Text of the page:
'Prey': TV Review

Ben Blackall/Red Production Company
The acting makes it worth the effort.
2/25/2016

This new British cop series on BBC America uses great acting to cover up story weaknesses, proving that accents always help.

British dramas, particularly those involving cops, have a long history of being embraced by American critics and viewers — sometimes because they’re brilliant, other times because they’re just different (and always seemingly well-written and superbly acted). No matter where the crime scene is set — London or some distant small town — there’s usually a sea of open arms when the finished product arrives here.

It would be easy for BBC America's Prey to get the same treatment. Presented as two three-part stories created and written by newcomer Chris Lunt and executive produced by Nicola Shindler (Happy Valley, Last Tango in Halifax), Prey has fantastic, engaging actors, consistent directors (Nick Murphy of The Awakening and Occupation handling the first three episodes and Lewis Arnold of Misfits and Humans handling the last three) and checks off a lot of boxes.

But ultimately the writing isn’t quite there, hurriedly attempting to cram relatively big ideas into each three-episode arc, and in the process revealing the story's flaws.

Luckily, Prey has Rosie Cavaliero (A Young Doctor’s Notebook, Little Dorrit) as the centerpiece in each story. Lunt and Shindler seem to be trying to create something along the lines of Prime Suspect, focusing on the mid-career rise of DS Susan Reinhardt (Cavaliero) as she struggles to get a handle on two difficult cases and perhaps setting up the trajectory of the next Jane Tennison (brought to gloriously complicated life by Helen Mirren).

That might be an unfair comparison, because Mirren is legendary and Prime Suspect is the zenith of British cop shows, but you certainly get a whiff of that intent in Prey. If Cavaliero is ready for the rise — and she’s an excellent actress, taking charge of a character still coming into focus — the writing will need to get in shape to support her. It's not there yet.

What’s not lacking is the acting, as Prey taps two superb performers to anchor both stories: John Simm (Life on Mars, State of Play, The Village) as a detective accused of killing his wife and one of his two sons, and Philip Glenister (Mad Dogs, Life on Mars, Ashes to Ashes) as a by-the-book prison officer who inexplicably helps a prisoner escape.

Bolstered by a stacked roster of very capable British actors, Simm, Glenister and Cavaliero go a long way toward helping you not worry about wasting your time. Whatever pitfalls might pop up in the writing, the performances are racing forward full-steam.

Prey kicks off with the Simm storyline and it’s one that moves at lightning speed, engaging you thoroughly and then disappointing you when it resolves and you realize it was built on intrigue it can’t properly support. We meet Simm as DC Marcus Farrow investigating a dead body that conveniently calls to mind an old case (so old the files are on floppy disks). Within a few scenes, Farrow is interviewing a suspect who vaguely threatens his family; soon after that, his wife and son are dead, and Farrow is the prime suspect.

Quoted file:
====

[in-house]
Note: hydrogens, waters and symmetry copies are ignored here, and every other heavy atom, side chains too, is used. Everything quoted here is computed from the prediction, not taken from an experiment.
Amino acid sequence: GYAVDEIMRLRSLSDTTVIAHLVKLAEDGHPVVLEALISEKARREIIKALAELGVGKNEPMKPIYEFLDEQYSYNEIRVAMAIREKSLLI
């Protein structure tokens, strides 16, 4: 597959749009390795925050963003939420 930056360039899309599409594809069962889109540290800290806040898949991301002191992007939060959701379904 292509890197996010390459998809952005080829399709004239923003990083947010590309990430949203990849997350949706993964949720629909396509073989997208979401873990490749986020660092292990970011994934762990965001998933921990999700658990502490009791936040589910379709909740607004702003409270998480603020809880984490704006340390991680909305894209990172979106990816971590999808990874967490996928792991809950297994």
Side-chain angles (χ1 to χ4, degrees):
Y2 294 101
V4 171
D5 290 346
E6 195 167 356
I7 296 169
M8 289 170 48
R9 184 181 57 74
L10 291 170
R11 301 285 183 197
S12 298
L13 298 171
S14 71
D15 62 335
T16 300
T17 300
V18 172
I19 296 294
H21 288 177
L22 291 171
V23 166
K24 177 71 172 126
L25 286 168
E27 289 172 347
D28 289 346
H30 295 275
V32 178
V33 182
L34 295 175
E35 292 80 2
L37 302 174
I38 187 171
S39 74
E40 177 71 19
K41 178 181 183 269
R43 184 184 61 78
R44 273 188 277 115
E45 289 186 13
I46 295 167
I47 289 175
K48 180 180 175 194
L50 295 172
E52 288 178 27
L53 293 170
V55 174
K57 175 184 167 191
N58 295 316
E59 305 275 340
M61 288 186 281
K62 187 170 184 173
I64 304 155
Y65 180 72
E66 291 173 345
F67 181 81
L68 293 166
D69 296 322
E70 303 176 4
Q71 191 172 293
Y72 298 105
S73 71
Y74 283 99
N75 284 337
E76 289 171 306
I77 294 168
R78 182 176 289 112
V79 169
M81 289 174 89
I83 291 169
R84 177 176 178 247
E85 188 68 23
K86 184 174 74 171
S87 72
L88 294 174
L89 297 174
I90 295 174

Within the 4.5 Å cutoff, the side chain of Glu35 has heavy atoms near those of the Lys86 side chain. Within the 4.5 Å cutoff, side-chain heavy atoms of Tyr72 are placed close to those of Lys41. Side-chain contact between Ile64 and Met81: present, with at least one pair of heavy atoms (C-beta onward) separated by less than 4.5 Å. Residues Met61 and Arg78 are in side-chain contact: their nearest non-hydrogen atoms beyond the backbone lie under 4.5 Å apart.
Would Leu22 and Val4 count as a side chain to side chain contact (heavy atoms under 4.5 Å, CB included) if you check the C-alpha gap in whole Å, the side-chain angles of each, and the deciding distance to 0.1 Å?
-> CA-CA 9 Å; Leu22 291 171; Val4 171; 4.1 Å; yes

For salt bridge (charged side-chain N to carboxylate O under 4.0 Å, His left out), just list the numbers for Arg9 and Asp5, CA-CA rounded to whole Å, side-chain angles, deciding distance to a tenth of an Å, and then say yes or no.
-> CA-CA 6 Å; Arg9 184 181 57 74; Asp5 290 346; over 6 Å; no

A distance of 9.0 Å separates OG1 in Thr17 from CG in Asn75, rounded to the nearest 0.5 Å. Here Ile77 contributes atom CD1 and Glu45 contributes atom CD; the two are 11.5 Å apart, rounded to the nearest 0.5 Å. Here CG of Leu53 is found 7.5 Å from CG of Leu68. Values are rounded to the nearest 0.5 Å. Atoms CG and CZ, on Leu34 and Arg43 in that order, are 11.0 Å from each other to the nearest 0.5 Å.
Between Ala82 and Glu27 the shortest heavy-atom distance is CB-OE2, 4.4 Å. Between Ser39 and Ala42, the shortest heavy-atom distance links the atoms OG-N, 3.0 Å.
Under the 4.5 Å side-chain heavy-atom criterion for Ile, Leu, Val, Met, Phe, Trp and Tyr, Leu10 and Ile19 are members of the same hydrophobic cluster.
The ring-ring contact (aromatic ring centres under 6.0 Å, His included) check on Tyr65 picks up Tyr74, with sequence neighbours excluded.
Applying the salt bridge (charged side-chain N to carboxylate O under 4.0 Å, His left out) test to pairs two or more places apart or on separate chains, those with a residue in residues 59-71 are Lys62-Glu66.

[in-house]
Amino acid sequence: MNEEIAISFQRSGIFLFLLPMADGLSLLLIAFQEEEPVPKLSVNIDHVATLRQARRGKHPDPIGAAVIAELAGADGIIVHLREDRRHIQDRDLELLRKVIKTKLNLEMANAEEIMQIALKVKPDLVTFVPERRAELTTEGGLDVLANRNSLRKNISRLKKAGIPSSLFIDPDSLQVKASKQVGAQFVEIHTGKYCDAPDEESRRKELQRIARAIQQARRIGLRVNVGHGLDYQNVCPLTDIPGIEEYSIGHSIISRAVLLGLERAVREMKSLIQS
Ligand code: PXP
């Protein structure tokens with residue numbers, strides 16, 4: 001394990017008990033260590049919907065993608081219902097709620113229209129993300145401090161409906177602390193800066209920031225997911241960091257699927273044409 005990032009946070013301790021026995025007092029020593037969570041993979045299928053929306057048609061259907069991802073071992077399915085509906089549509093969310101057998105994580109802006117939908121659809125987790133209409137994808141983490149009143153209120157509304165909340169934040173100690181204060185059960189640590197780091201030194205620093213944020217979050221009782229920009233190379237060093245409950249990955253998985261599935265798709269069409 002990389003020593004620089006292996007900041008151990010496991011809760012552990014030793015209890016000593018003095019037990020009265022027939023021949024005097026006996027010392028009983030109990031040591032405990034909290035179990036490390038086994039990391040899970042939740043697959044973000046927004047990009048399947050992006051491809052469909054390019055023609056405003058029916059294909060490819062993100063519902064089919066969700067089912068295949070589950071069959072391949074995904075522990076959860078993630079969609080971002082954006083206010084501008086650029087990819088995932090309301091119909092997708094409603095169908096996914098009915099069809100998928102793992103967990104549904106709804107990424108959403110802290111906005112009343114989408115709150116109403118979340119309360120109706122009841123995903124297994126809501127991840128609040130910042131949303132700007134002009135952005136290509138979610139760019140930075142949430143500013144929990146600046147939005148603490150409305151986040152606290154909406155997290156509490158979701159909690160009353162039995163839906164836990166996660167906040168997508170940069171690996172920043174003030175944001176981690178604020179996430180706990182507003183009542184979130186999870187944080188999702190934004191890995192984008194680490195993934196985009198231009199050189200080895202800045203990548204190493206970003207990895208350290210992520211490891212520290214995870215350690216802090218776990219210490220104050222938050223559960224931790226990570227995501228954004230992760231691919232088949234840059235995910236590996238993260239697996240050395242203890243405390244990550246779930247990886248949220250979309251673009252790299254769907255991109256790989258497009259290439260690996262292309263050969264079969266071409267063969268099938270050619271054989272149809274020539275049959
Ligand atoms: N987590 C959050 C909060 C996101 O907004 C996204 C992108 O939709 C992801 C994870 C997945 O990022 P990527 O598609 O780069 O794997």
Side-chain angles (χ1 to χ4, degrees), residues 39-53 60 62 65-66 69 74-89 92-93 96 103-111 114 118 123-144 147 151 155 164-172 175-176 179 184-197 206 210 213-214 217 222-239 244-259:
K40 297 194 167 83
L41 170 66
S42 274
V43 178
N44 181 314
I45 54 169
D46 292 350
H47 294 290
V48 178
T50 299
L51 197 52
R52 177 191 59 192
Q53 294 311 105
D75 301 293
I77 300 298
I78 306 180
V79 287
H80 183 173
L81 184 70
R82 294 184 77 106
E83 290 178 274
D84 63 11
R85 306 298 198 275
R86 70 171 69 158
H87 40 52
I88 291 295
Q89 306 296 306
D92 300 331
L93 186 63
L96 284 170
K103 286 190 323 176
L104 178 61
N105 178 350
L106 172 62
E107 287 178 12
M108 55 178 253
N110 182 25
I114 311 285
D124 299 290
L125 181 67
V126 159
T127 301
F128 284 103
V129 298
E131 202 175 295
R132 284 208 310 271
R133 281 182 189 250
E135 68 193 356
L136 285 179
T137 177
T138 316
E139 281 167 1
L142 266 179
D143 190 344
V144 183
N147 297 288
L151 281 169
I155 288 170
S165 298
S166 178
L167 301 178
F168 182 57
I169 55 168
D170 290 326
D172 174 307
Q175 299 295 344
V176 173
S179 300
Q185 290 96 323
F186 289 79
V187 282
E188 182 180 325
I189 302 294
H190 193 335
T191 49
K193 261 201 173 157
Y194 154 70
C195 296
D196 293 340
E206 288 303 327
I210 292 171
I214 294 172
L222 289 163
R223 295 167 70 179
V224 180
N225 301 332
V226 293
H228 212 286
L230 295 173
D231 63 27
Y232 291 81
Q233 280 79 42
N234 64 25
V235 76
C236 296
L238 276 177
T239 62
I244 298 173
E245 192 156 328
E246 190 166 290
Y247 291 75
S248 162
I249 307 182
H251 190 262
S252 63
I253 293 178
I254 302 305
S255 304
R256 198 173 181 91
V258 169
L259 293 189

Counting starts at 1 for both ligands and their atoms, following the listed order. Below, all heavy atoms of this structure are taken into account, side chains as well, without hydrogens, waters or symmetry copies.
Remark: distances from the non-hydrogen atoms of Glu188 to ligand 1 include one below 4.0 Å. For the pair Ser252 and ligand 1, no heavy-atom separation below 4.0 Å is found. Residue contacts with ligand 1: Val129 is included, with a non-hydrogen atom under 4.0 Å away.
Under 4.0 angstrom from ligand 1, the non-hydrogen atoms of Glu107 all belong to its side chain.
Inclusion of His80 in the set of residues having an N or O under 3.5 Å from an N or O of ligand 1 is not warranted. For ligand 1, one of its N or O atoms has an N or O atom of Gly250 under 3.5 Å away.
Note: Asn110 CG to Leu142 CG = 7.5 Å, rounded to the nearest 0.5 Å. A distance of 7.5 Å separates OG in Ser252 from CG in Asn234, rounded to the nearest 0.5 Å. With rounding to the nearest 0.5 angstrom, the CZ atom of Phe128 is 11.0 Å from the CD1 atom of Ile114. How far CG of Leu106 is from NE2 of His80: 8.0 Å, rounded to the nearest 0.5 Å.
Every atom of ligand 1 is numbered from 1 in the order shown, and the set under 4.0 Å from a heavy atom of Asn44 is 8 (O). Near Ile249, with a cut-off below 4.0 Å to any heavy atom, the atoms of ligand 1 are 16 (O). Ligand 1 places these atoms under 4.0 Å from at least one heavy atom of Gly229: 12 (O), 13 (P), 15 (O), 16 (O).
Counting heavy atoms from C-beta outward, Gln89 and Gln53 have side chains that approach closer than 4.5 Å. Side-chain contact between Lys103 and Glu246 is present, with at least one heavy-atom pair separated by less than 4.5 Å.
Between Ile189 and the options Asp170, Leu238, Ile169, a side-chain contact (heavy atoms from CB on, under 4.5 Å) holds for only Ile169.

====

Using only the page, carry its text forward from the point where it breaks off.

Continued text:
Tracking him down is acting Senior Investigating Officer Reinhardt, whose personal life is a shambles because she can’t get over her failed marriage (her former husband is remarried and has a newborn). She just pours more hours into the job and, as BBC America has put it, “finds comfort by eating her feelings.”

You might remember that Jane Tennison was a wreck in the relationship department and worked insanely long hours while battling a serious drinking problem. Like Tennison before her, Reinhardt struggles in the male-dominated police force, with co-workers believing she’s in over her head in the first case and struggling to prove her worth in the second after getting passed over for promotion.

It would be wonderful to follow Cavaliero as DS Reinhardt, making her way in this world, not only because it echoes a superb actress and excellent series that came before, but also because the subtle stylings of Cavaliero — perfectly playing a detective who is capable but not yet proven and trusted — make for an interesting character study. But Prey would have to shore up some of the story planks going forward.

You can sense the trouble in the first story, premiering Thursday night. The frantic, framed-detective-on-the-run narrative is entirely propelled by Simm, an actor who has been so great in so many roles, commanding the screen at all turns. But here he is asked to do a few things that don’t quite work, starting with delivering a very delayed reaction to the news that one of his sons also died on the night he discovered his wife, stabbed and dying in the kitchen. (Overwhelmed, he runs outside and crumples into some muddy water, and that’s pretty much where Prey leaves him.)

It all happens a bit too quickly, as does the second story, in which prison officer Dave Murdoch goes from stable to unstable as he tries to protect his daughter (the common thread of both stories is the Reinhardt character trying to figure out why two good men implode, seemingly on purpose).

As with Simm, you can have Glenister do pretty much anything — character motivation be damned — and the hour will fly by. Those actors combine with Cavaliero to cover up the dubious structure of each three-episode story. They are all so good at elevating the material that you want to like Prey, even when you realize it’s running on overly familiar ground, just with slightly different accents.

Cast: Rosie Cavaliero, John Simm, Philip Glenister
Created and written by: Chris Lunt
Airdate: Thursdays, 10 p.m. ET/PT (BBC America)


Email: Tim.Goodman@THR.com
Twitter: @BastardMachine

 

comments powered by Disqus